I'm puzzled by the fact that the CoP (Coefficient of Perfomance) of residential heat pumps is usually stated to be between 4 and 5, meaning that for every kWh of electricity used by the pump one gets between 4 to 5 kWh of heat transferred into the house. How's that even possible?
Here's my reasoning: the gaseous fluid in the power pump gets compressed inside the house, releasing heat into the residence. Fine. The compressed liquid fluid is moved to the outside where it is allowed to expand, and in the process will cool down even more. The compressed gas then absorbs energy from the environment outside the house to become a gas again. The expanded gas is then moved inside the house and compressed (thus heated up again), closing the circle.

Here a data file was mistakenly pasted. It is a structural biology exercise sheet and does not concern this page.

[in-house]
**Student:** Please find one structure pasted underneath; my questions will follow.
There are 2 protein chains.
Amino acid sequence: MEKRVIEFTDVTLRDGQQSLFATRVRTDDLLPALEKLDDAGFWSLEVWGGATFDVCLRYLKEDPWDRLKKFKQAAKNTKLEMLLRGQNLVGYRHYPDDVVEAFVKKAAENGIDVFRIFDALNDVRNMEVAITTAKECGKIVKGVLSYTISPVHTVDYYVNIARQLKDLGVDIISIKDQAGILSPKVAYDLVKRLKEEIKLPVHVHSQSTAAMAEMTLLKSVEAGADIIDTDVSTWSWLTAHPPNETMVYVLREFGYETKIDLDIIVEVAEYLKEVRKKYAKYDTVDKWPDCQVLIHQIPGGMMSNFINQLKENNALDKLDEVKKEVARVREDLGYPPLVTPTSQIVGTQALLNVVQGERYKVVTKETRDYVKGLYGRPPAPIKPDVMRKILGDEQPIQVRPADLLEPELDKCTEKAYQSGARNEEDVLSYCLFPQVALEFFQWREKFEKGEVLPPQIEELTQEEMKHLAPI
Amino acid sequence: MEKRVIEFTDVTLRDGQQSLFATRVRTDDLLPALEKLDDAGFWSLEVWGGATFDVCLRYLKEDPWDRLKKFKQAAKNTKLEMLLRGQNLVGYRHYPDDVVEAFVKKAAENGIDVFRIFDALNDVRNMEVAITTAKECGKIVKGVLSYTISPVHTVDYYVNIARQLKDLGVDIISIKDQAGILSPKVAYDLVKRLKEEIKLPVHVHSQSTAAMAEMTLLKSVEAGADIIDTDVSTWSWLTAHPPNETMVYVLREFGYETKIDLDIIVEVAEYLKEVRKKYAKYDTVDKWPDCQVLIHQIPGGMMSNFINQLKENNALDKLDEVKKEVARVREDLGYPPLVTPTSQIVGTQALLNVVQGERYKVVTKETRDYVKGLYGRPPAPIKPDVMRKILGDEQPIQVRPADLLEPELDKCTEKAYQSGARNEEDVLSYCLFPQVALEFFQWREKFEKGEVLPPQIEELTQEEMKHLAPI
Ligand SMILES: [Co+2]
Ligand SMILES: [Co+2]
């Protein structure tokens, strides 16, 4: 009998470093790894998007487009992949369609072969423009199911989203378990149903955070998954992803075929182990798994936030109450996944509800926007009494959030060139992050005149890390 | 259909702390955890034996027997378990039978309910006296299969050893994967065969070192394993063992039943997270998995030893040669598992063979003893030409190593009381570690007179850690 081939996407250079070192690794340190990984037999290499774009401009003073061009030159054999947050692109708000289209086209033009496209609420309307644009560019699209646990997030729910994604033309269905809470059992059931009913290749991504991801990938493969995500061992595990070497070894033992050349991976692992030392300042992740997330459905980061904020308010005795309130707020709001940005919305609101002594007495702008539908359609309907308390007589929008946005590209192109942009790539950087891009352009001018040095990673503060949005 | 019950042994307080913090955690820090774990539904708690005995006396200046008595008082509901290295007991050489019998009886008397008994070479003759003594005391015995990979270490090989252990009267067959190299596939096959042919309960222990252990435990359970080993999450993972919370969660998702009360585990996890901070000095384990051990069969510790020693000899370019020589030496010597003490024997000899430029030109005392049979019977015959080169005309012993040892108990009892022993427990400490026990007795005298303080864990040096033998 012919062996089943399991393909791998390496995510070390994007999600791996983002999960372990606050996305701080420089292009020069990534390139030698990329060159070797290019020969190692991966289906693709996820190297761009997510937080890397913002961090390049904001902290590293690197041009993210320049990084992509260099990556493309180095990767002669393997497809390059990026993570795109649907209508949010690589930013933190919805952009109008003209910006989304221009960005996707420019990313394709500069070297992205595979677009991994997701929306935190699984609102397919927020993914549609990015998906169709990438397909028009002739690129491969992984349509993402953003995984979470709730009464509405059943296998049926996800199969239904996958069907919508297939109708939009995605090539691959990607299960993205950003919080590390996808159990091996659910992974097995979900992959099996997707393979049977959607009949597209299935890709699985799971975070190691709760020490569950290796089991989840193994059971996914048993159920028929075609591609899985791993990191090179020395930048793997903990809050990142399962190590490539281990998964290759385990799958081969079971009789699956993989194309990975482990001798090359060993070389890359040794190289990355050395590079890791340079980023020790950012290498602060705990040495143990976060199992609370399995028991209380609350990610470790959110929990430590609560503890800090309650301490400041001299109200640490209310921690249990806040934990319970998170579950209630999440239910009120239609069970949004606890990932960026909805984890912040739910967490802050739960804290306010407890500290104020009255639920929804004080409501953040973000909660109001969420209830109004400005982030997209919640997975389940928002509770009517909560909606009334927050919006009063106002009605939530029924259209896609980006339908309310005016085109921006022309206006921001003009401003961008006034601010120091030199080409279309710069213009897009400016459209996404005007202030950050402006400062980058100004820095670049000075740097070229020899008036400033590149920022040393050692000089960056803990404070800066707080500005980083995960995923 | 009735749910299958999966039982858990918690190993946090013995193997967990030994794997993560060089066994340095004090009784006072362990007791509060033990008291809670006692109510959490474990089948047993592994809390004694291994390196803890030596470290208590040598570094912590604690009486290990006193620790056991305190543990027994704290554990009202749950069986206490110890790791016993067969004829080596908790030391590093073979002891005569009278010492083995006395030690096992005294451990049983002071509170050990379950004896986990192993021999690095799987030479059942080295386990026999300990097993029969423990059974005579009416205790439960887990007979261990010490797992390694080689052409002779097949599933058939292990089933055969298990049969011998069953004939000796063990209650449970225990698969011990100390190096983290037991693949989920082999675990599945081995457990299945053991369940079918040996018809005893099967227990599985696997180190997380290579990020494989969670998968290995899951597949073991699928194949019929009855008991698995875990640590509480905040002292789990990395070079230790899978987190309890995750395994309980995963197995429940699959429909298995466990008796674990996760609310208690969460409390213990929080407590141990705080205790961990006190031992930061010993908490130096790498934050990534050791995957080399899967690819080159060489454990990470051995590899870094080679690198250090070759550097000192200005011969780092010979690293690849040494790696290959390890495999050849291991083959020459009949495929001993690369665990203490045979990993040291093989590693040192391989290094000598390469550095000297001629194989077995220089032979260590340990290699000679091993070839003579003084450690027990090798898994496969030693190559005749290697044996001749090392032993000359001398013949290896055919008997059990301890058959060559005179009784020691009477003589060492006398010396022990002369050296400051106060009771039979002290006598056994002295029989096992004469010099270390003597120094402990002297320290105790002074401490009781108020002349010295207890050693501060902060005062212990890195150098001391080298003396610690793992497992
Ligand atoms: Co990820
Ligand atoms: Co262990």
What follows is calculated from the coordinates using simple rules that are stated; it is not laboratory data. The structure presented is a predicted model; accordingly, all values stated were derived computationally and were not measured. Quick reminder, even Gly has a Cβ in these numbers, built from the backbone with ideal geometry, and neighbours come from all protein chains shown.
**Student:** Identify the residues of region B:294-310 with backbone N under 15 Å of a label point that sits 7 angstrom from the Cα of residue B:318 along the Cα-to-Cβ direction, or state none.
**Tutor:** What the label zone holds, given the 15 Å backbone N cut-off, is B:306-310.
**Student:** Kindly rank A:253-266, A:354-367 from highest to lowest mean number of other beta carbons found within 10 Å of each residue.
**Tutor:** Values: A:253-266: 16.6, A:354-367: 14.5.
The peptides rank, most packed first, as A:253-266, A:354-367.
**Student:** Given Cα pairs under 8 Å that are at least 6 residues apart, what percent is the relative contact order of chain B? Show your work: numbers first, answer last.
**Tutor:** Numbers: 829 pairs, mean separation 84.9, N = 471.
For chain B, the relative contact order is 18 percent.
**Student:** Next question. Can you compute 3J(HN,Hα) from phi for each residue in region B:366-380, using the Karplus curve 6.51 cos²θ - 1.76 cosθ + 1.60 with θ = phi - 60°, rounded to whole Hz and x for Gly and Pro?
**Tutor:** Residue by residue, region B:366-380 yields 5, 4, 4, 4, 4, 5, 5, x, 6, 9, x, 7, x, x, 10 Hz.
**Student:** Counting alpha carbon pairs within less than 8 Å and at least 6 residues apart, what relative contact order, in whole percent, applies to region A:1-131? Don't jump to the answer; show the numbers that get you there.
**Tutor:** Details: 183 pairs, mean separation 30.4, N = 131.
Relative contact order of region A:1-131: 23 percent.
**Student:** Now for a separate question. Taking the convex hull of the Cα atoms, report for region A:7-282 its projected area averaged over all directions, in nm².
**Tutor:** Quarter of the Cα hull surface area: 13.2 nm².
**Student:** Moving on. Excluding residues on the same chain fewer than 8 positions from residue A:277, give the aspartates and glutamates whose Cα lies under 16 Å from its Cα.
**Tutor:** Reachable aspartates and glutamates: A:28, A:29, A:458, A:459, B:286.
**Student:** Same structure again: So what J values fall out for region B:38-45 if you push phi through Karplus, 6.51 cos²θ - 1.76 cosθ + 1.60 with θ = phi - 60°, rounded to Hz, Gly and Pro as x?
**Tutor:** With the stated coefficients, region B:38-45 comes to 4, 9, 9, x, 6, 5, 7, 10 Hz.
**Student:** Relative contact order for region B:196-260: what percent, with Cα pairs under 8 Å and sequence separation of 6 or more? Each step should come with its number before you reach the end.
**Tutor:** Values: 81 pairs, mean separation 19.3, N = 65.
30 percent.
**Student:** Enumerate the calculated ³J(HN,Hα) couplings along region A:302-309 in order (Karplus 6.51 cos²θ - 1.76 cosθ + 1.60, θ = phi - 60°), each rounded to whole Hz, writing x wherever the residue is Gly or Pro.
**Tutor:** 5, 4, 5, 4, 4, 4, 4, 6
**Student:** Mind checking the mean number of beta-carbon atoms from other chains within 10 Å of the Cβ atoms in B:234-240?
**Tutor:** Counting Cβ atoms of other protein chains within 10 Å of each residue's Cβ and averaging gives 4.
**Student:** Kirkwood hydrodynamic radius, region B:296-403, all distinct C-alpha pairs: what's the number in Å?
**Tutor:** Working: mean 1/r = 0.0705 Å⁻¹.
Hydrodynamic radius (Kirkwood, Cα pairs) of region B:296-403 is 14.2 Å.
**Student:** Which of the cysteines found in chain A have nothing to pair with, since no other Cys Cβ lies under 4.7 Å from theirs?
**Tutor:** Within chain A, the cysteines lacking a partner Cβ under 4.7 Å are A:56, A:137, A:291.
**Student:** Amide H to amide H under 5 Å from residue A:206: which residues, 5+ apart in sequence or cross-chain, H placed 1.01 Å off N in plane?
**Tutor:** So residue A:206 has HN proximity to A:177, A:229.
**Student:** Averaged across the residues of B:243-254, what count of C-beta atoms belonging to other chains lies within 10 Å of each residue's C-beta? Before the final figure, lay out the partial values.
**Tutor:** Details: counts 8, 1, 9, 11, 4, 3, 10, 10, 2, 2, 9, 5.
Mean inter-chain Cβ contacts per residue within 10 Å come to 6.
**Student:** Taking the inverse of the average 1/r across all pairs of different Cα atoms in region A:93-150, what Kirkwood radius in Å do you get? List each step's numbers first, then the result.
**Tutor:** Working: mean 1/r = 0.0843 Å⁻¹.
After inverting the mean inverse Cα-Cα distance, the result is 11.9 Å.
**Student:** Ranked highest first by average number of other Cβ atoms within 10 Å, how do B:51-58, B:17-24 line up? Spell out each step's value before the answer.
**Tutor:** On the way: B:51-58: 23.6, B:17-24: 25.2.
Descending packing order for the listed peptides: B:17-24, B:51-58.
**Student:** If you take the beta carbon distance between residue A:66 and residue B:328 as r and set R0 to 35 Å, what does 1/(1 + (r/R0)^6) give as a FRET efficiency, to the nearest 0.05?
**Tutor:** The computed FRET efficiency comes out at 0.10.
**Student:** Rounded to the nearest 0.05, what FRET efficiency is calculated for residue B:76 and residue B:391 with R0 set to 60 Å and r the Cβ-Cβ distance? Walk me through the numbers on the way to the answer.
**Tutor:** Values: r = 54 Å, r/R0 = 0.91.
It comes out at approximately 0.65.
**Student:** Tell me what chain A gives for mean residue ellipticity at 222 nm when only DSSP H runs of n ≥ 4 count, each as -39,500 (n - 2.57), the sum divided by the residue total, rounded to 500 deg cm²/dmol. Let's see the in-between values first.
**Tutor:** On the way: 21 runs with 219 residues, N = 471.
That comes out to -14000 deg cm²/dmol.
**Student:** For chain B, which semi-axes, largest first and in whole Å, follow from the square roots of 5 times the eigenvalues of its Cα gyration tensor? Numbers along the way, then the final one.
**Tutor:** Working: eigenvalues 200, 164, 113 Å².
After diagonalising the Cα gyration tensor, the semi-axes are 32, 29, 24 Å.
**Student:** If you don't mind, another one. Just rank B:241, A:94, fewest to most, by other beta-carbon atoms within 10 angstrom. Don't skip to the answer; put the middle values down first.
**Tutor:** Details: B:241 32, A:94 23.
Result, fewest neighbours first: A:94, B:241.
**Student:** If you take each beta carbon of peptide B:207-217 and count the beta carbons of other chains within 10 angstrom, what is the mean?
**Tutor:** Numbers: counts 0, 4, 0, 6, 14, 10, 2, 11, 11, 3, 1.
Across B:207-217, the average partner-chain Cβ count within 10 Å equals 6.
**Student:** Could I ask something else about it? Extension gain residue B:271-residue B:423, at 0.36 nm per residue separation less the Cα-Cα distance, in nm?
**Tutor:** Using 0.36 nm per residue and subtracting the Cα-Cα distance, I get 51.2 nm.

- I can see that (discarding losses) one can put in 1 kWh to compress gas inside the house to release 1 kWh of heat. So far so good, so how can manufacturers state that the CoP (Coefficient of Performance) is 3 to 5?
- Also, the expanded gas coming from outside the house will be at outside ambient temperature, so we are actually introducing a cold substance into the house which would mean that the CoP would be even less.
Can somebody care to elaborate? It seems that I'm missing something vital in my reasoning. Thanks!